By Tanya Jolliffe, for SparkPeople
Many things have changed since 1971. Back then, there were no cell phones, personal computers, or the internet. There was also no satellite TV, music came from 45 records or albums, and you couldn't find online dining guides to make wise choices for the rare occasion when you would eat away from home. What has also changed is the rate of obesity in young people.
Researchers have recently analyzed historical height and weight data from 1971 to 2008 for U.S. children between the ages of two and 19. Evaluating the trends during that time led researchers to project an increase in childhood obesity to 21 percent by the year 2020 compared to today's rate of almost 17 percent. The U.S. Department of Health and Human Services wants to see the obesity rate decline to 14.6 percent instead.
Unfortunately, since so many Americans are overweight, many parents have a hard time taking a good look at their children's weight. A new DHHS study estimates children
Blog Posts by SparkPeople.com
- SparkPeople.com | Parenting – Tue, Jun 5, 2012 11:30 AM EDT
By Tanya Jolliffe, for SparkPeopleRead More »from Cut 64 Calories a Day, End Childhood Obesity? Here's How
By Erin Whitehead, for SparkPeople
The surefire solution for weight loss is to burn more calories than you consume by exercising and eating less. But as anyone who has ever tried to lose weight knows, ''eating less'' isn't always easy. Luckily, these tips and tricks will help you enjoy your food, consume fewer calories and help you train your brain to stop when you're satisfied--not stuffed!
Ditch the Bag
When you've got a hankering for potato chips or another snack, don't just mindlessly eat from the bag or box. Instead, portion out a single serving into a small bowl. This way, you know exactly how much you're eating and aren't left mindlessly munching until the bag is empty.Give Your Utensil a Rest
In the rush of daily life, it can be easy to see mealtime as just another to-do. But rushing through meals can make you eat too much since it takes your brain awhile to register that your stomach is getting full. Put down your fork between bites to take your time and really savorRead More »from 20 Easy Ways to Cut Calories
By Jennipher Walters, for SparkPeopleRead More »from How to Create the Perfect Workout Playlist
You know that scene in High Fidelity where John Cusack is touting the importance of the perfectly crafted mix tape? A tape that has to kick off with a killer track to grab attention, then take it up a notch, then cool it off a notch?
Sure, that guy was creating a playlist to woo a girl, but he was on to something. Little did he know, he was also giving us words of wisdom on how to best create a set of tunes for a high-energy workout. Below are the seven main components of any good workout playlist, no matter the musical genre. (In fact, I find that the more eclectic the playlist, the more exciting-and surprising-it can be!)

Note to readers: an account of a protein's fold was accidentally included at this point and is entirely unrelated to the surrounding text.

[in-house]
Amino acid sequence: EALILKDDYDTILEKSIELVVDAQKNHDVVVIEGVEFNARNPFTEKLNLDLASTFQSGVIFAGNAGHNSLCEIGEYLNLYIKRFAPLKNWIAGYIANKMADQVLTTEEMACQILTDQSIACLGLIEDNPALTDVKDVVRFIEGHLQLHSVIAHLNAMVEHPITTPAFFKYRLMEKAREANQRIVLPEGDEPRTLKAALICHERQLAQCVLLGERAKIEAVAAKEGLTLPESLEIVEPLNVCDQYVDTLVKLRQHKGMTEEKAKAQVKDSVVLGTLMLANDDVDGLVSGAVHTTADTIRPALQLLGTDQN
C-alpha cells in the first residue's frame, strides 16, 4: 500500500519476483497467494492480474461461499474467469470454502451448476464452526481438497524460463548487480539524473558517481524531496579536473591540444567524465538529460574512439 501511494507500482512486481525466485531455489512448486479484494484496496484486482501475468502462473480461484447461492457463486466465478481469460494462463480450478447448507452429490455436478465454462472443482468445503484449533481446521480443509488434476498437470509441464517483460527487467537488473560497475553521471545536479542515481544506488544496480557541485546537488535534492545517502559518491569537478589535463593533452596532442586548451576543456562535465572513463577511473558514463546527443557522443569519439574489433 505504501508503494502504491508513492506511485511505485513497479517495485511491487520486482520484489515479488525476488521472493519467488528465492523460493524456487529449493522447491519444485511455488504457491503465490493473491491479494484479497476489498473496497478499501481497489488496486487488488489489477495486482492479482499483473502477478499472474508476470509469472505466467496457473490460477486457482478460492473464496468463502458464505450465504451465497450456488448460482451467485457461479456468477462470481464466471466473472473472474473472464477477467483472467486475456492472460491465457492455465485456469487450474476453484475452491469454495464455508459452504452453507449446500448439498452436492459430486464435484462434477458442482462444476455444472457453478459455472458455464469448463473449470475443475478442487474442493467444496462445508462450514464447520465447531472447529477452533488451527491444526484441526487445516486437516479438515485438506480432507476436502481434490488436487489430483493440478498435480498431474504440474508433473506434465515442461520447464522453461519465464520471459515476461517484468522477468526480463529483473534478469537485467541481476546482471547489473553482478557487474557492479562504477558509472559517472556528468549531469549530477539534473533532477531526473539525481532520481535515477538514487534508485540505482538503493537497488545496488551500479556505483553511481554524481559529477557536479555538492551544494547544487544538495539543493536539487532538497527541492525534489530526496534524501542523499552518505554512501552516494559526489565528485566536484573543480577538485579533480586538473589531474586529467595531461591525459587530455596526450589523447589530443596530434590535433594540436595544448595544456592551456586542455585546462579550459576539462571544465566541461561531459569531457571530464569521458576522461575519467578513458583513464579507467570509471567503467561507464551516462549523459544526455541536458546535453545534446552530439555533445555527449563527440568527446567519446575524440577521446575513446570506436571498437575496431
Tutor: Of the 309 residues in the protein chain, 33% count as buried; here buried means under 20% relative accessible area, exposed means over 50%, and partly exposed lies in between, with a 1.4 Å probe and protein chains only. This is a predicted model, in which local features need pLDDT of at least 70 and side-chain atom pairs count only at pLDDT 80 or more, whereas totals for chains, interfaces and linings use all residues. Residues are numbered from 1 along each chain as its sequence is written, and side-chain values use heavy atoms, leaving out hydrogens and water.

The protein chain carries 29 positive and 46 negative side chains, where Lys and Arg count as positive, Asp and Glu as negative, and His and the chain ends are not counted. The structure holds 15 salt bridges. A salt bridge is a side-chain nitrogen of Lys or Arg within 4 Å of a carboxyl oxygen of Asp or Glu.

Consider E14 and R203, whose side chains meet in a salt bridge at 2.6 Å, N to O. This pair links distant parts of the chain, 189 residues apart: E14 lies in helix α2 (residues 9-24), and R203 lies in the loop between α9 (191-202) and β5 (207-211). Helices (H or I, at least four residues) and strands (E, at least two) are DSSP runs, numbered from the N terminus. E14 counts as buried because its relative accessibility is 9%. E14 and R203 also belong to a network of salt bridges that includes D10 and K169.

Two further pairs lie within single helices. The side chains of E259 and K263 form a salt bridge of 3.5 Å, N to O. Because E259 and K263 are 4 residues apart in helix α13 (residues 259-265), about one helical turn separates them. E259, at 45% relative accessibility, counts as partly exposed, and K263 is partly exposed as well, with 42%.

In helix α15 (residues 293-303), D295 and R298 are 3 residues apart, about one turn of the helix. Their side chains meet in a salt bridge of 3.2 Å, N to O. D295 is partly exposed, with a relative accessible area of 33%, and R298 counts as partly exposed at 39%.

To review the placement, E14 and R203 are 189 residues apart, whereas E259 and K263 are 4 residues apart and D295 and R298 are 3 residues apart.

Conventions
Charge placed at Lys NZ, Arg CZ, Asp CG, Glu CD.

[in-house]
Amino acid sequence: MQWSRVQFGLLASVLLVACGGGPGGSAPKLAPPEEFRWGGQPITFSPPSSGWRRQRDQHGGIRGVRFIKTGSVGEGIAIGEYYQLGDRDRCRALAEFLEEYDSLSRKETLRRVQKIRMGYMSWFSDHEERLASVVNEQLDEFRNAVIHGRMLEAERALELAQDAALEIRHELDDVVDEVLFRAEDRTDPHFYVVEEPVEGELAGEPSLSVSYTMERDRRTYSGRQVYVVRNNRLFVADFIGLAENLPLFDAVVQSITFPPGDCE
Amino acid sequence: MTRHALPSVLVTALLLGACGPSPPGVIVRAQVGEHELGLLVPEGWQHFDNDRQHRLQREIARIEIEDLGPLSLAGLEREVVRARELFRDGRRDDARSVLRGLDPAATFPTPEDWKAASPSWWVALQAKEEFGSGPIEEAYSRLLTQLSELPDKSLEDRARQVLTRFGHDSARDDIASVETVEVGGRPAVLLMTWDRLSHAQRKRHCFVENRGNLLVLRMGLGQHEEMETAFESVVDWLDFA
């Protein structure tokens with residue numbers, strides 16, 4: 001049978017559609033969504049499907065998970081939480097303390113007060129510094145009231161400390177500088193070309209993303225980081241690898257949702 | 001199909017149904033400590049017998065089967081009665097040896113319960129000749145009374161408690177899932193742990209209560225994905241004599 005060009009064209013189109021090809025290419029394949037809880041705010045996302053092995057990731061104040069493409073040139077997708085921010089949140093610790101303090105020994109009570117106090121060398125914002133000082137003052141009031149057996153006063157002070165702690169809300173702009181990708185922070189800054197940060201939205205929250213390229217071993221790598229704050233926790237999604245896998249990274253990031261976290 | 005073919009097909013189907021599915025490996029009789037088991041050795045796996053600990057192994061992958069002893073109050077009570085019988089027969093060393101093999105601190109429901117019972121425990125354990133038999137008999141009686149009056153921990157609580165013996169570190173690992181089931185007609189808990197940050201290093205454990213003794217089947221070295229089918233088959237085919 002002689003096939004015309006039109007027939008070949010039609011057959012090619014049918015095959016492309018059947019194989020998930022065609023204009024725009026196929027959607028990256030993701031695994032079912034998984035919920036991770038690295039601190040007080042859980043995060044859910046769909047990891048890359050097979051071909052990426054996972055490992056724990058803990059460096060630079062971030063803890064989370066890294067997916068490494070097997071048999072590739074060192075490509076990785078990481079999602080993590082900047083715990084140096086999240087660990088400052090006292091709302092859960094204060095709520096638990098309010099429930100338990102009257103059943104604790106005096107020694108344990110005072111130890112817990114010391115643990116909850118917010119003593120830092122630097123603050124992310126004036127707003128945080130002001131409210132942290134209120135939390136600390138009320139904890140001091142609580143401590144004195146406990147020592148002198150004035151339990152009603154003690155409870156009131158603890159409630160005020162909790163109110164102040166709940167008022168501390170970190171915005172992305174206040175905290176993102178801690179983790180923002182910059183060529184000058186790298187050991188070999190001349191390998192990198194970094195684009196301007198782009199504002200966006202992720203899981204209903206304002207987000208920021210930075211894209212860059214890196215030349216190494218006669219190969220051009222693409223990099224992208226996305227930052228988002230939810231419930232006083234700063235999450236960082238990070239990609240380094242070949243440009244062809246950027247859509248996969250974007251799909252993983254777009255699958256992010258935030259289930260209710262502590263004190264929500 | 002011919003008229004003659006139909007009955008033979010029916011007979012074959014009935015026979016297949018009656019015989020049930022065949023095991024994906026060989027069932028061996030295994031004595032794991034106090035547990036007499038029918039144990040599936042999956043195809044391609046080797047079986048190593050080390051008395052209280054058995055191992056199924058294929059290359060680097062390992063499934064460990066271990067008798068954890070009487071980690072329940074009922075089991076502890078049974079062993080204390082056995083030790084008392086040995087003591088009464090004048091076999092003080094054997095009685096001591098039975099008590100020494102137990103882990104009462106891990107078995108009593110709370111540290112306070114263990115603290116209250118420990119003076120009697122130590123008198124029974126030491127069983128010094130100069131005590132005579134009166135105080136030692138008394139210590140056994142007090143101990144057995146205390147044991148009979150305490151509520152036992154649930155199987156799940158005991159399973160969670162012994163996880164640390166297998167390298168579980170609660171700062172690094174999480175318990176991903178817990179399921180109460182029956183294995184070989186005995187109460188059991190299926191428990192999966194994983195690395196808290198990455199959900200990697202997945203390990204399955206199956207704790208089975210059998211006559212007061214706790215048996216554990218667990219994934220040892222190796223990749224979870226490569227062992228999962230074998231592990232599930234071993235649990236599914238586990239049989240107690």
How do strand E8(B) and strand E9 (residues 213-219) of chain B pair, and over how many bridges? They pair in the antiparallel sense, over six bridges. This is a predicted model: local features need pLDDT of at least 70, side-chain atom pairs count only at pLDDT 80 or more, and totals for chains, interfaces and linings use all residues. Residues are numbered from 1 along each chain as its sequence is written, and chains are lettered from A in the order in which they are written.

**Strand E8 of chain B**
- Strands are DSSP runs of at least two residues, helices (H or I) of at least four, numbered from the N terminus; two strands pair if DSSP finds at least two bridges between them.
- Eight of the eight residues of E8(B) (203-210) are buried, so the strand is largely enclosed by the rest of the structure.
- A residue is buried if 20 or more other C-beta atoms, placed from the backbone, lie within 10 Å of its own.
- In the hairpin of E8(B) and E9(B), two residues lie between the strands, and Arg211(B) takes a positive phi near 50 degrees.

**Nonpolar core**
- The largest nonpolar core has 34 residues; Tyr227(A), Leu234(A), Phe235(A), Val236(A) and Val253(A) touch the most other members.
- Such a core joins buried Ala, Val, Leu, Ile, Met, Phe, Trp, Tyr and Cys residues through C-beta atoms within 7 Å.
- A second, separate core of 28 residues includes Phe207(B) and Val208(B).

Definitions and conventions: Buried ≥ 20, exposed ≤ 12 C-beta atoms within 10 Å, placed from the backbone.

Follow these guidelines to craft a playlist before your next workout, and you're sure to stay engaged and pumped the entire time. After all, music--especially the right music--can make working out more fun!
1. Warm-Up Song
Like John Cusack says, you have to kick off a playlist with a killer track that grabs attention.
By Sarah Haan, for SparkPeople
You're eating your veggies and watching your portions, but is there a way to make your meals even better for you? These 6 habits will help you take your healthy choices to the next level so you can get more nutritional bang for your buck.
Vitamins A, D, E, and K are fat-soluble, meaning that dietary fat must be available for your body to absorb those nutrients. So if you're eating raspberries, spinach and carrots, great! However, to get the most out of foods rich in these fat-soluble vitamins, eat a little heart-healthy fat at the same time. Add diced avocado or an olive oil-based dressing to a spinach salad, enjoy a handful of walnuts with your raspberries, or dip your carrots into hummus. The good fats will aid in the absorption of the key nutrients found in fruits and veggies, making these healthy foods even better for you!Cook Smart--and Fast
Most veggies retain their shape and texture even after cooking. But overcooking them (orRead More »from 6 Sneaky Ways to Add More Nutrition to Your Meals
By Bryn Mooth, for SparkPeopleRead More »from 5 Signs You're Stuck in a Food Rut
What's for dinner? What are you eating for breakfast or lunch tomorrow?
If you aren't feeling excited about your meals, or if your kids are complaining about eating chicken again, you may be in a food rut.
It happens easily; between work obligations, social plans, and kids' soccer practices, we tend to fall back on easy-to-prepare staple meals that don't require much thought or effort. And for some of us, cooking doesn't come easily or isn't a pleasure, so we rely on a handful of recipes we can confidently prepare.
While it's wonderful to have a few go-to meals you can rely on in a pinch, it can get old when you rely on the same meals too often. And that lack of excitement about what's on your plate could lead you to reach for additional snacks or sweets to bring more pleasure back to your eating-which can be a problem if you're trying to manage your weight or eat healthier.